Stealing Ground

Filmmakers working on public lands find commonthreads in divisive issue

When a trio of college friends from Salt Lake City set out to make a film about legislative efforts to transfer federal lands to state management, they titled it The Heist, expecting to document a theft from the public. But they didn’t want to poll only outdoor enthusiasts, so they reached out to other industries that rely on public land: logging, ranching, oil and gas development, mining and outdoor recreation.

"In the outdoor community, it's a lot of us-versus-them, and we wanted to take a different approach," says Phil Hessler, producer and co-founder of WZRD Media, the production company for the film.

As their reporting has taken them to the homes of loggers, Native Americans, conservationists, miners and ranchers across the country, the narrative that's developed has become increasingly nuanced—as in, it's complicated.

"If you put these people behind a screen and just listened to what they're saying, a lot of times, you couldn't tell what side they're on," says Galen Knowles, director/co-founder of WZRD Media. "Both sides feel like something is being taken from them."

We're talking at Outdoor Retailer, the outdoor industry trade show, minutes before Knowles and his co-filmmakers, Hessler and Zeppelin Zeerip, screen a teaser for The Heist. The audience includes a DC lobbyist who will ask if a showing in the Capitol might help ease the increasingly partisan divide over public lands. It wasn't always that way, of course. Historically, conservation and environmental protection have bridged the aisle; the Clean Water Act and the Environmental Protection Agency came into being under President Richard Nixon (to attract young voters, but still).

The journey the WZRD crew has taken has crisscrossed the country and the political spectrum. They speak fondly of Terry Tempest Williams, calling the conservationist author and anti-oil and gas development activist "a homie" after filming her discussing land management with her father, who made a career in the oil and gas industry. So, too, is their affection unbound for an Oregon logging family, a husband and wife who have fostered nearly 50 kids over the decades.

"I think public lands have the potential to be a uniting force in a divided country," Knowles says. "In the end, we all do want to protect the land, but how that looks is different."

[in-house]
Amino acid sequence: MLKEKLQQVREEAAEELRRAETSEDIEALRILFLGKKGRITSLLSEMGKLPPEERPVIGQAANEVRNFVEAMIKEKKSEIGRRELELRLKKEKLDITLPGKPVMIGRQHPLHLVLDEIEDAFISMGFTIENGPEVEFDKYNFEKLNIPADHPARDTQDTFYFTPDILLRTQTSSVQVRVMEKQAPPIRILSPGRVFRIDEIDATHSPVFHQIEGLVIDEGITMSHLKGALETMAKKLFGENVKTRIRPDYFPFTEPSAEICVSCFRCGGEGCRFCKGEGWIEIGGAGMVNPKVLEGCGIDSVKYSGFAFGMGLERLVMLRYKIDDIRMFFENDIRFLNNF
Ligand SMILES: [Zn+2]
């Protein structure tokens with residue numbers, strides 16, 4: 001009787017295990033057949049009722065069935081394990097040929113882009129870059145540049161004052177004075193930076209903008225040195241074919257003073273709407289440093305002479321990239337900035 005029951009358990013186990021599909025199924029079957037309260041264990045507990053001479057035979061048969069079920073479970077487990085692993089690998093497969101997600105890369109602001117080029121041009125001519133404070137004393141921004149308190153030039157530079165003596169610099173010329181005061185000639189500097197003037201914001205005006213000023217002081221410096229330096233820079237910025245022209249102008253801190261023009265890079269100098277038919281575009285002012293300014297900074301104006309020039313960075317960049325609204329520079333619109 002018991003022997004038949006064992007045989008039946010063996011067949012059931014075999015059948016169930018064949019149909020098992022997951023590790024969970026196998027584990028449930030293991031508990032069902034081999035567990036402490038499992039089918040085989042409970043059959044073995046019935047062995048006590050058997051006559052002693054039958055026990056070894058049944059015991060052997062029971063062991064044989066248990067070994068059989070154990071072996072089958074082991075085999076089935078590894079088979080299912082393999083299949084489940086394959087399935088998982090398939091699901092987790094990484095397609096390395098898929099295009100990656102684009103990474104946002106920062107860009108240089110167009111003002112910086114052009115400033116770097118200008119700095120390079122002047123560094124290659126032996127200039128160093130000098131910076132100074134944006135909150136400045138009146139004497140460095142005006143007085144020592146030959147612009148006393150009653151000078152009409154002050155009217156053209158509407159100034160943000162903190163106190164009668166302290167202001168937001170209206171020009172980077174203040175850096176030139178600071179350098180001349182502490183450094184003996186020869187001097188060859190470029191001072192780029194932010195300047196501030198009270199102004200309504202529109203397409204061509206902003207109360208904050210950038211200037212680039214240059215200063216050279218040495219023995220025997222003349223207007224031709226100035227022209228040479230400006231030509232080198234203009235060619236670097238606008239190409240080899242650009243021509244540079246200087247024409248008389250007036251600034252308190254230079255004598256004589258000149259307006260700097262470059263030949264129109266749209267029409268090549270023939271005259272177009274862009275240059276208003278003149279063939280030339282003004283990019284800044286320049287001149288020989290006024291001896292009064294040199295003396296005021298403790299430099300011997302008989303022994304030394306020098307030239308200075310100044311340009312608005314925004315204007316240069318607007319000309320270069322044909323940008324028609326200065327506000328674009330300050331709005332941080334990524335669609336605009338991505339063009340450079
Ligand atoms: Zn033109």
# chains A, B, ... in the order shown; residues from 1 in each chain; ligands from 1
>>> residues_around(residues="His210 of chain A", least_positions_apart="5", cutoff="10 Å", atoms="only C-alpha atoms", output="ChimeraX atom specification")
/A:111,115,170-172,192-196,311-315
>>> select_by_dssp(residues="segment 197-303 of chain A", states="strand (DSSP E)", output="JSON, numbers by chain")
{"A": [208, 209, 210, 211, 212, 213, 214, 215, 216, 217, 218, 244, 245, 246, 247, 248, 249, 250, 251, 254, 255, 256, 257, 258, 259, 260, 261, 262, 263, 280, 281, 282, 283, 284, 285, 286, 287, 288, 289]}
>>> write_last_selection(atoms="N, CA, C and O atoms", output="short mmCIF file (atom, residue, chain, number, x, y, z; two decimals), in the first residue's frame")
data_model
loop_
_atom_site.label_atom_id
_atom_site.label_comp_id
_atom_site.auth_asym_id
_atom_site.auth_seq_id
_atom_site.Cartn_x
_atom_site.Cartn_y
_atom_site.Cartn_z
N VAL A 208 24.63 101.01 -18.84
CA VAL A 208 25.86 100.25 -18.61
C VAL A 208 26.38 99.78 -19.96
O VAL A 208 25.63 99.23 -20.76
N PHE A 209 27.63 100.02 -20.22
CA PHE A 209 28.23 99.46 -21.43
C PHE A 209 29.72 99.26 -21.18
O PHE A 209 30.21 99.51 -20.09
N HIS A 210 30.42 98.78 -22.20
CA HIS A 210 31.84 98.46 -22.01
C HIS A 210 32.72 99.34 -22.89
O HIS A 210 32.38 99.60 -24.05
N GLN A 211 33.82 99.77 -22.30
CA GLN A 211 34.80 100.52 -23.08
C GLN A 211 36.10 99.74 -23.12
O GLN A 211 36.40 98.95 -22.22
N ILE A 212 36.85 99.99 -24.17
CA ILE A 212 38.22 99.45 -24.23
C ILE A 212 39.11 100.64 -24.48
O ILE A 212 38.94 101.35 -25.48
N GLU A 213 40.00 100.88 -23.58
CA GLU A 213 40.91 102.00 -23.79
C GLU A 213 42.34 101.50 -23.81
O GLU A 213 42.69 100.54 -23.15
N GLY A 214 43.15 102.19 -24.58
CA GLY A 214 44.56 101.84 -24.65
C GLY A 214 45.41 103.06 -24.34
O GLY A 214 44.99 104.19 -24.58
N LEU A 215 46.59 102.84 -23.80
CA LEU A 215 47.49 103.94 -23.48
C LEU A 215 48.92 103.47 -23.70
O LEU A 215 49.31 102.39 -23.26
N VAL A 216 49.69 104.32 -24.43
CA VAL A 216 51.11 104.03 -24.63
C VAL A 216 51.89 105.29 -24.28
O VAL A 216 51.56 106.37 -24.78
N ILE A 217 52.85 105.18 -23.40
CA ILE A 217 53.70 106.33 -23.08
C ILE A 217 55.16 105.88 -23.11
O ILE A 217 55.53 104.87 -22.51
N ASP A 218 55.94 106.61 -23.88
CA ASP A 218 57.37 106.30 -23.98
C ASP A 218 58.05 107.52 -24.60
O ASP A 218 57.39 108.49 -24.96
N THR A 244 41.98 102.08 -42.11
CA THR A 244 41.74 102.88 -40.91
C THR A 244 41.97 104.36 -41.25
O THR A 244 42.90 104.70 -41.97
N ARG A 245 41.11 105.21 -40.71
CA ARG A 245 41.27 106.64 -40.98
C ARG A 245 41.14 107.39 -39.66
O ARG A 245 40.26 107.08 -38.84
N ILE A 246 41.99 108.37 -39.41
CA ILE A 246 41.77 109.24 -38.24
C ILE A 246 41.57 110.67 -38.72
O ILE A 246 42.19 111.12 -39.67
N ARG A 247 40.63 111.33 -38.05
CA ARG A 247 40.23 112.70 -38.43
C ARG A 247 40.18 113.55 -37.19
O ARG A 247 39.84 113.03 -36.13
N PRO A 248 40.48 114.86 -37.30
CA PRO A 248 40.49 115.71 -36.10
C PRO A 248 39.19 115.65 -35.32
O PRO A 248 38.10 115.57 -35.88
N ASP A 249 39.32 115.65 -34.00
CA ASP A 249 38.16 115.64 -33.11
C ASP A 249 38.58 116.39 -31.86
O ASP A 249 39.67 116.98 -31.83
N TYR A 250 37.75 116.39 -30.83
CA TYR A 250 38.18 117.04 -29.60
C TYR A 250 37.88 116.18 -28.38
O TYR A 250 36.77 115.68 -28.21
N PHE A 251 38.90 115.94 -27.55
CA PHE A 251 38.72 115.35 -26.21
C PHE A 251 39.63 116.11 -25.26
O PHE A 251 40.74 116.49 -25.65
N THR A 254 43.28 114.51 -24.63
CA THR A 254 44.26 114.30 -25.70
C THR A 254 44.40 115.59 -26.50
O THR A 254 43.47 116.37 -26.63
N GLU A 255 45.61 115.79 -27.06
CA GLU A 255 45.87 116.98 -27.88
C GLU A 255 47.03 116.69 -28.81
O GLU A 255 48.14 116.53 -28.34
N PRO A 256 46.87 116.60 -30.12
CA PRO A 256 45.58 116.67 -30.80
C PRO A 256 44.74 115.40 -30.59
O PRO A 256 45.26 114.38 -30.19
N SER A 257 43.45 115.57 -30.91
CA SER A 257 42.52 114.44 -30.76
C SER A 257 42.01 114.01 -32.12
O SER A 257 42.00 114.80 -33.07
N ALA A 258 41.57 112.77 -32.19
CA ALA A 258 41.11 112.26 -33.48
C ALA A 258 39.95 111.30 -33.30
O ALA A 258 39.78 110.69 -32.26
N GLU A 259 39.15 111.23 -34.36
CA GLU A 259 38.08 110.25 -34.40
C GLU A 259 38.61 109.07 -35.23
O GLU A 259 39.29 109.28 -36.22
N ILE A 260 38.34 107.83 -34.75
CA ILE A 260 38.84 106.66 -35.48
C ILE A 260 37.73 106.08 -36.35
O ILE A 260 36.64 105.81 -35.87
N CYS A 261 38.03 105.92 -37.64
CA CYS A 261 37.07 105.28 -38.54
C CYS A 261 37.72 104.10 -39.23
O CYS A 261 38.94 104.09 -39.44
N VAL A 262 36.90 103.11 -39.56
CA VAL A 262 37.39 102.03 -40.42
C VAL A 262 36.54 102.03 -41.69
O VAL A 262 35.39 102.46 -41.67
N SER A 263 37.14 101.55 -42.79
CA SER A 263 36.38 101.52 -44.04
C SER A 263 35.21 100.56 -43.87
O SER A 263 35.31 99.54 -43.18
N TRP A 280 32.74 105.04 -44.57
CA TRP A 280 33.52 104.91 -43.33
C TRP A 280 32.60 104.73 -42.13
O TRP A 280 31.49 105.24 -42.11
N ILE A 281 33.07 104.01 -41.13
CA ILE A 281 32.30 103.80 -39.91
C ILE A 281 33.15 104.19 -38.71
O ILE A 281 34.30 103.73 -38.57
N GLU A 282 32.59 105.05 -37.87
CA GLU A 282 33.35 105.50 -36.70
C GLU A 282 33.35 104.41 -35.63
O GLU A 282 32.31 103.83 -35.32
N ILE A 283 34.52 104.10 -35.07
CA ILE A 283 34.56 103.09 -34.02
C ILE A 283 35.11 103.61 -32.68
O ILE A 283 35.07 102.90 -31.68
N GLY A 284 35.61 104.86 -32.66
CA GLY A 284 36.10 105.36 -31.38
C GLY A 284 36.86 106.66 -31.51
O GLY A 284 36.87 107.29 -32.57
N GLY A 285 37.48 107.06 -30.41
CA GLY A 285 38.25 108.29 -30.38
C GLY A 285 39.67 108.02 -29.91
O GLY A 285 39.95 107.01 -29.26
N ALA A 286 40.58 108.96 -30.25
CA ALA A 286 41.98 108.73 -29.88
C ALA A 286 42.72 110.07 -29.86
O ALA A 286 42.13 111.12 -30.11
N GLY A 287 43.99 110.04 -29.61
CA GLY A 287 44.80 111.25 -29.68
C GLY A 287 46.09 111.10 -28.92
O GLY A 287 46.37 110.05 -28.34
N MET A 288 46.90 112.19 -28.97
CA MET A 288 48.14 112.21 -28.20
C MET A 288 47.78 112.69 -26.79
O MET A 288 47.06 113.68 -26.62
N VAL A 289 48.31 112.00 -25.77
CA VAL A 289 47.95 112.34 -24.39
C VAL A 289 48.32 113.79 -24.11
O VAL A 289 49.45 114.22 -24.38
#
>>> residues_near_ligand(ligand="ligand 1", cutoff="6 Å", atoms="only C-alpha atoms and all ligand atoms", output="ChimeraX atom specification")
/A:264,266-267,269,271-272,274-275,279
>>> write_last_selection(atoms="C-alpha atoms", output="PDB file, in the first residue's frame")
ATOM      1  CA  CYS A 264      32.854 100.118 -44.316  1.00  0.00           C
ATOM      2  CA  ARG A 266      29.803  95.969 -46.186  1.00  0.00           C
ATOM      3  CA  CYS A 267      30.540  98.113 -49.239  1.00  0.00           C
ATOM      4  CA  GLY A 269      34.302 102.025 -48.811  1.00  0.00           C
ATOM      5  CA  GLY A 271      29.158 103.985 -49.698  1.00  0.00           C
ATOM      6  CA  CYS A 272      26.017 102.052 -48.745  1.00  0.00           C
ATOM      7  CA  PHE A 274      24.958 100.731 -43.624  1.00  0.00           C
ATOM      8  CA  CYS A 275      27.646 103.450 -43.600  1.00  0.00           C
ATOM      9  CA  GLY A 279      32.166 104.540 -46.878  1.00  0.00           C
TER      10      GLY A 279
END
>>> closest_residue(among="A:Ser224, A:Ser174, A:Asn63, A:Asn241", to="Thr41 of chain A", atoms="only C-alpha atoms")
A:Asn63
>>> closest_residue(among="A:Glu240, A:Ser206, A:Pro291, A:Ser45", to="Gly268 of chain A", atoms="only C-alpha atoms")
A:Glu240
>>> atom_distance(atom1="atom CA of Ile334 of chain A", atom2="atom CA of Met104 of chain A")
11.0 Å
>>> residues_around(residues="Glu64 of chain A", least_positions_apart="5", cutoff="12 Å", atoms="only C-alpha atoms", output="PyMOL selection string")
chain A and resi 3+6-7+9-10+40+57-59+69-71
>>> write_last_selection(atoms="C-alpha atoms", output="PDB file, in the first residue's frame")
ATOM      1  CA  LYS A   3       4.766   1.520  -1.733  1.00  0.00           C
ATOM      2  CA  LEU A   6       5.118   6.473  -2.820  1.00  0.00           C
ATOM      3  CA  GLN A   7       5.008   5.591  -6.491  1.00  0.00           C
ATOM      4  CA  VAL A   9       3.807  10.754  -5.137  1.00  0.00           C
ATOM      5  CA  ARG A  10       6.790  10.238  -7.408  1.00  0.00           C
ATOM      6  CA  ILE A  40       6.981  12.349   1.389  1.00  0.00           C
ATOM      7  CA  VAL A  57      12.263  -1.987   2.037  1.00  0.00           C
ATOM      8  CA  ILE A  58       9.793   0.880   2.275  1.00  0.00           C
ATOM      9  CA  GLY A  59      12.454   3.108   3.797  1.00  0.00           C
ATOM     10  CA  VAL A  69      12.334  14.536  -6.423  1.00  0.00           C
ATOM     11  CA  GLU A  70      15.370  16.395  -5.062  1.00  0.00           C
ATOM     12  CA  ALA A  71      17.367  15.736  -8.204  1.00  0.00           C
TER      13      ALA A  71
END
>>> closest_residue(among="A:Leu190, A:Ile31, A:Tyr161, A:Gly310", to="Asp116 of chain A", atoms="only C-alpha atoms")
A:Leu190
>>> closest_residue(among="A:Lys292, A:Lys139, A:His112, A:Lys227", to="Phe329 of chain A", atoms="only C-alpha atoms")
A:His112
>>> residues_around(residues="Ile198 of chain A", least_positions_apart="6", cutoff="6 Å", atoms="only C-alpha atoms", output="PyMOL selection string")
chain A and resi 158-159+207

Reporting is still underway, with the film expected out late in 2018. Knowles and Zeerip will soon head to the Arctic National Wildlife Refuge, another of the ongoing outreach efforts in reporting that also saw the filmmakers, in their Patagonia flannels and Keen shoes, visiting a rally supporting the Bundy takeover of the Malheur National Wildlife Refuge. Knowles also joined in the press corps following Department of Interior Ryan Zinke's tour of Bears Ears and Grand Staircase-Escalante national monuments. He saw the former Montana senator visibly moved by some of those landscapes, but the trip also left Knowles with a sense that designating these areas as monuments but failing to provide financial support or infrastructure for the flood of tourists that will ensue may not be the best way to protect them.

For the sagebrush sea, Zeerip argues, ranching may be the only way to derive economic value from those acres—when proper rangeland management practices are deployed that see cattle moved around every few days to prevent overgrazing. So, too, can logging translate to healthy forest management, he says.

"Mining, oil and gas—that is a boom-and-bust economy no matter how you look at it," Zeerip says. "There's a hard line on energy. They come in, take, and leave."

How to handle these lands is up this week with Zinke's recent visit to Organ Mountains-Desert Peaks National Monument near Las Cruces, one of the 27 monuments the Trump administration is reviewing this year to consider rescinding or resizing. The secretary toured the peaks by helicopter; held a closed roundtable with stakeholders including elected officials, ranchers, academics and border security experts; hiked with veterans; met with the Mescalero Apache, Fort Sill Apache and Friends of Organ Mountains-Desert Peaks; and rode horses with Senators Martin Heinrich and Tom Udall.

Most of those events were closed to press, and Zinke did not join a public town hall meeting on the monument review that was held during his visit. After hiking with the secretary, members of the Vet Voice Foundation urged him to leave the monument intact.

"Our community worked for over a decade to protect the Organ Mountains-Desert Peaks area, and it should not be undone in a mere 120 days," the statement reads. "We were discouraged to learn about his interest in shrinking the national monument, especially before meeting with diverse stakeholders today, and after not attending the community town hall last night."

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